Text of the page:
Categories: Electromagnetism, Physics.

## Electric field

The electric field $$\vb{E}$$ is a vector field that describes electric effects, and is defined as the field that correctly predicts the Lorentz force on a particle with electric charge $$q$$:

\begin{aligned} \vb{F} = q \vb{E} \end{aligned}

This definition implies that the direction of $$\vb{E}$$ is from positive to negative charges, since opposite charges attracts and like charges repel.

If two opposite point charges with magnitude $$q$$ are observed from far away, they can be treated as a single object called a dipole, which has an electric dipole moment $$\vb{p}$$ defined as follows, where $$\vb{d}$$ is the vector going from the negative to the positive charge (opposite direction of $$\vb{E}$$):

\begin{aligned} \vb{p} = q \vb{d} \end{aligned}

Alternatively, for consistency with magnetic fields, $$\vb{p}$$ can be defined from the aligning torque $$\vb{\tau}$$ experienced by the dipole when placed in an $$\vb{E}$$-field. In other words, $$\vb{p}$$ satisfies:

\begin{aligned} \vb{\tau} = \vb{p} \times \vb{E} \end{aligned}

Where $$\vb{p}$$ has units of $$\mathrm{C m}$$. The polarization density $$\vb{P}$$ is defined from $$\vb{p}$$, and roughly speaking represents the moments per unit volume:

\begin{aligned} \vb{P} \equiv \dv{\vb{p}}{V} \:\:\iff\:\: \vb{p} = \int_V \vb{P} \dd{V} \end{aligned}

If $$\vb{P}$$ has the same magnitude and direction throughout the body, then this becomes $$\vb{p} = \vb{P} V$$, where $$V$$ is the volume. Therefore, $$\vb{P}$$ has units of $$\mathrm{C / m^2}$$.

A nonzero $$\vb{P}$$ complicates things, since it contributes to the field and hence modifies $$\vb{E}$$. We thus define the “free” displacement field $$\vb{D}$$ from the “bound” field $$\vb{P}$$ and the “net” field $$\vb{E}$$:

\begin{aligned} \vb{D} \equiv \varepsilon_0 \vb{E} + \vb{P} \:\:\iff\:\: \vb{E} = \frac{1}{\varepsilon_0} (\vb{D} - \vb{P}) \end{aligned}

Where the electric permittivity of free space $$\varepsilon_0$$ is a known constant. It is important to point out some inconsistencies here: $$\vb{D}$$ and $$\vb{P}$$ contain a factor of $$\varepsilon_0$$, and therefore measure flux density, while $$\vb{E}$$ does not contain $$\varepsilon_0$$, and thus measures field intensity. Note that this convention is the opposite of the magnetic analogues $$\vb{B}$$, $$\vb{H}$$ and $$\vb{M}$$, and that $$\vb{M}$$ has the opposite sign of $$\vb{P}$$.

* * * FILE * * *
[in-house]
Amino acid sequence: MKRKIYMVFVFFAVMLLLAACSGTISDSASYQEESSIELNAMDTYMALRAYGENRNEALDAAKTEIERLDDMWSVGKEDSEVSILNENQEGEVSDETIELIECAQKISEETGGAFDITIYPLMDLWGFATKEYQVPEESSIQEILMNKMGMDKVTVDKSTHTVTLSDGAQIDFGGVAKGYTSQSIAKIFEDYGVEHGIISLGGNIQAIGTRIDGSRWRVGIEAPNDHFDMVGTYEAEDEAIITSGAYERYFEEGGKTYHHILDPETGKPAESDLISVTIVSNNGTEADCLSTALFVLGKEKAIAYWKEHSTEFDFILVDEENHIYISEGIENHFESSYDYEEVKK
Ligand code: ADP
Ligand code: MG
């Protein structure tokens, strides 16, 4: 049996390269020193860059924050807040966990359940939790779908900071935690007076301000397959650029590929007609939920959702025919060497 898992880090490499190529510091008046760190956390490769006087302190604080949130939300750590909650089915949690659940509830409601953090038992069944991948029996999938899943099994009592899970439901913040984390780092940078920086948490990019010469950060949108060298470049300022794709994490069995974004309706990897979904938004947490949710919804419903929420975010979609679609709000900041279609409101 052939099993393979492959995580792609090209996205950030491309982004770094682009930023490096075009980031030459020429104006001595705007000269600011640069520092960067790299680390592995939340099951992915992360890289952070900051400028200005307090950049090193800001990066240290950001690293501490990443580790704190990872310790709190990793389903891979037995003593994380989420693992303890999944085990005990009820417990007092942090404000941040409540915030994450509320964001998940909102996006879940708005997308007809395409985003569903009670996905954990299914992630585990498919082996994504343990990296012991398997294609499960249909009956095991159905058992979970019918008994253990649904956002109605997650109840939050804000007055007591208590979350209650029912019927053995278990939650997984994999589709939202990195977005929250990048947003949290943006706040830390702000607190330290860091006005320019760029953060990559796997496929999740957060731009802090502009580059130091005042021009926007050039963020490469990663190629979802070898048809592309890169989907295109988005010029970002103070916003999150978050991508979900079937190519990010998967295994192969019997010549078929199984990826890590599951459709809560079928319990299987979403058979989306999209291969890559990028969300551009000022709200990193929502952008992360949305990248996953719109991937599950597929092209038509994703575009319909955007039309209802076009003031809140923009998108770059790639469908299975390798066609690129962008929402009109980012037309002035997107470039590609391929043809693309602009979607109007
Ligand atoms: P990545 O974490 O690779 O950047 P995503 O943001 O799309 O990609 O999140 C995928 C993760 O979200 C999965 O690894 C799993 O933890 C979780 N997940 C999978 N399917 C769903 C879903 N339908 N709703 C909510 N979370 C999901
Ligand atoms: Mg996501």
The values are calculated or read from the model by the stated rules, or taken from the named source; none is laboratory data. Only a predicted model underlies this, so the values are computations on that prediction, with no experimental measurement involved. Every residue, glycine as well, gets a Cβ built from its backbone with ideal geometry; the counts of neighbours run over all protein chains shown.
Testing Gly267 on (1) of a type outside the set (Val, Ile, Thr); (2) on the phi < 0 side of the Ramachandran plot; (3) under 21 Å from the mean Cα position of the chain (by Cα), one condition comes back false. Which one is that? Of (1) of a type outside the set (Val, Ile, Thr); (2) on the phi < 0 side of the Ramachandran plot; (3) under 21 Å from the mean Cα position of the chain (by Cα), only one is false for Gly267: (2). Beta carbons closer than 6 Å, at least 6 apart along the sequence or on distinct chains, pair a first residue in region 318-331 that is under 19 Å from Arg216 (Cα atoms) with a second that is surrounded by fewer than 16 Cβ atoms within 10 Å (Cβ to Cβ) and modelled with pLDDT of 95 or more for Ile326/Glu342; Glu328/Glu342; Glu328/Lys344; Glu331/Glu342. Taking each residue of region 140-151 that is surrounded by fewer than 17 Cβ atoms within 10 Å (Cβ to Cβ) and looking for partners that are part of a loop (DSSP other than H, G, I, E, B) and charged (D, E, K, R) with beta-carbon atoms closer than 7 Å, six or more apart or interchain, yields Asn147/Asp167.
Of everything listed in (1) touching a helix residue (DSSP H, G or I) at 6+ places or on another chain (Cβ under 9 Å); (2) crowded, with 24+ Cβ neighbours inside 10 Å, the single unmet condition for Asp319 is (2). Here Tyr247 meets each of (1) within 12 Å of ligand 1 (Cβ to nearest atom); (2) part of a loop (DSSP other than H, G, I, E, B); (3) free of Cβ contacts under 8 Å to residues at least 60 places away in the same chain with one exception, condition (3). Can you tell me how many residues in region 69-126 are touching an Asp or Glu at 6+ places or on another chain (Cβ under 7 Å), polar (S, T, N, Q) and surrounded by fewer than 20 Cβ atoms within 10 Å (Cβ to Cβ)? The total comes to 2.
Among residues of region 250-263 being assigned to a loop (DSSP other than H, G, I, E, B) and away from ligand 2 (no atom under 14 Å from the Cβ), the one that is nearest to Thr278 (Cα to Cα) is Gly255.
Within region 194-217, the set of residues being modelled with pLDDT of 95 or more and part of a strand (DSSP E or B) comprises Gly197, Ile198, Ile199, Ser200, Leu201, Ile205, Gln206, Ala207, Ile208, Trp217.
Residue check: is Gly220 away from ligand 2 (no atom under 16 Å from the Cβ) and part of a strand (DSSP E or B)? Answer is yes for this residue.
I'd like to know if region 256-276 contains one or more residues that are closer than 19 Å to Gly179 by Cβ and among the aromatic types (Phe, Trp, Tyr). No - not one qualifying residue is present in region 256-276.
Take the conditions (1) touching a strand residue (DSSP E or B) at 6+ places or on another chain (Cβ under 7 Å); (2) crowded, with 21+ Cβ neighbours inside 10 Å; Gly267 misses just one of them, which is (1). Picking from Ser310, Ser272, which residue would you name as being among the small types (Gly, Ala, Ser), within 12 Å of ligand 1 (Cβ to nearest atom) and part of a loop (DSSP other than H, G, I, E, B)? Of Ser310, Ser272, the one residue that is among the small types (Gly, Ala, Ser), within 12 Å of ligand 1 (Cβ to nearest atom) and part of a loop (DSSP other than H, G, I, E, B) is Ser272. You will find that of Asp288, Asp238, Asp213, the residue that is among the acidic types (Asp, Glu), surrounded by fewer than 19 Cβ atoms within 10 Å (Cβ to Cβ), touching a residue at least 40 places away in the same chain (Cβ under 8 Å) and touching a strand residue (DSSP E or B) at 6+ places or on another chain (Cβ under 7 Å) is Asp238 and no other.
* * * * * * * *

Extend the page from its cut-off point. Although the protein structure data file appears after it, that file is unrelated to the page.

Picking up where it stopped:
The polarization $$\vb{P}$$ is a function of $$\vb{E}$$. In addition to the inherent polarity of the material $$\vb{P}_0$$ (zero in most cases), there is a possibly nonlinear response to the applied $$\vb{E}$$-field:

\begin{aligned} \vb{P} = \vb{P}_0 + \varepsilon_0 \chi_e^{(1)} \vb{E} + \varepsilon_0 \chi_e^{(2)} |\vb{E}| \: \vb{E} + \varepsilon_0 \chi_e^{(3)} |\vb{E}|^2 \: \vb{E} + ... \end{aligned}

Where the $$\chi_e^{(n)}$$ are the electric susceptibilities of the medium. For simplicity, we often assume that only the $$n\!=\!1$$ term is nonzero, which is the linear response to $$\vb{E}$$. In that case, we define the relative permittivity $$\varepsilon_r \equiv 1 + \chi_e^{(1)}$$ and the absolute permittivity $$\varepsilon \equiv \varepsilon_r \varepsilon_0$$, so that:

\begin{aligned} \vb{D} = \varepsilon_0 \vb{E} + \vb{P} = \varepsilon_0 \vb{E} + \varepsilon_0 \chi_e^{(1)} \vb{E} = \varepsilon_0 \varepsilon_r \vb{E} = \varepsilon \vb{E} \end{aligned}

In reality, a material cannot respond instantly to $$\vb{E}$$, meaning that $$\chi_e^{(1)}$$ is a function of time, and that $$\vb{P}$$ is the convolution of $$\chi_e^{(1)}(t)$$ and $$\vb{E}(t)$$:

\begin{aligned} \vb{P}(t) = (\chi_e^{(1)} * \vb{E})(t) = \int_{-\infty}^\infty \chi_e^{(1)}(t - \tau) \: \vb{E}(\tau) \:d\tau \end{aligned}

Note that this definition requires $$\chi_e^{(1)}(t) = 0$$ for $$t < 0$$ in order to ensure causality, which leads to the Kramers-Kronig relations.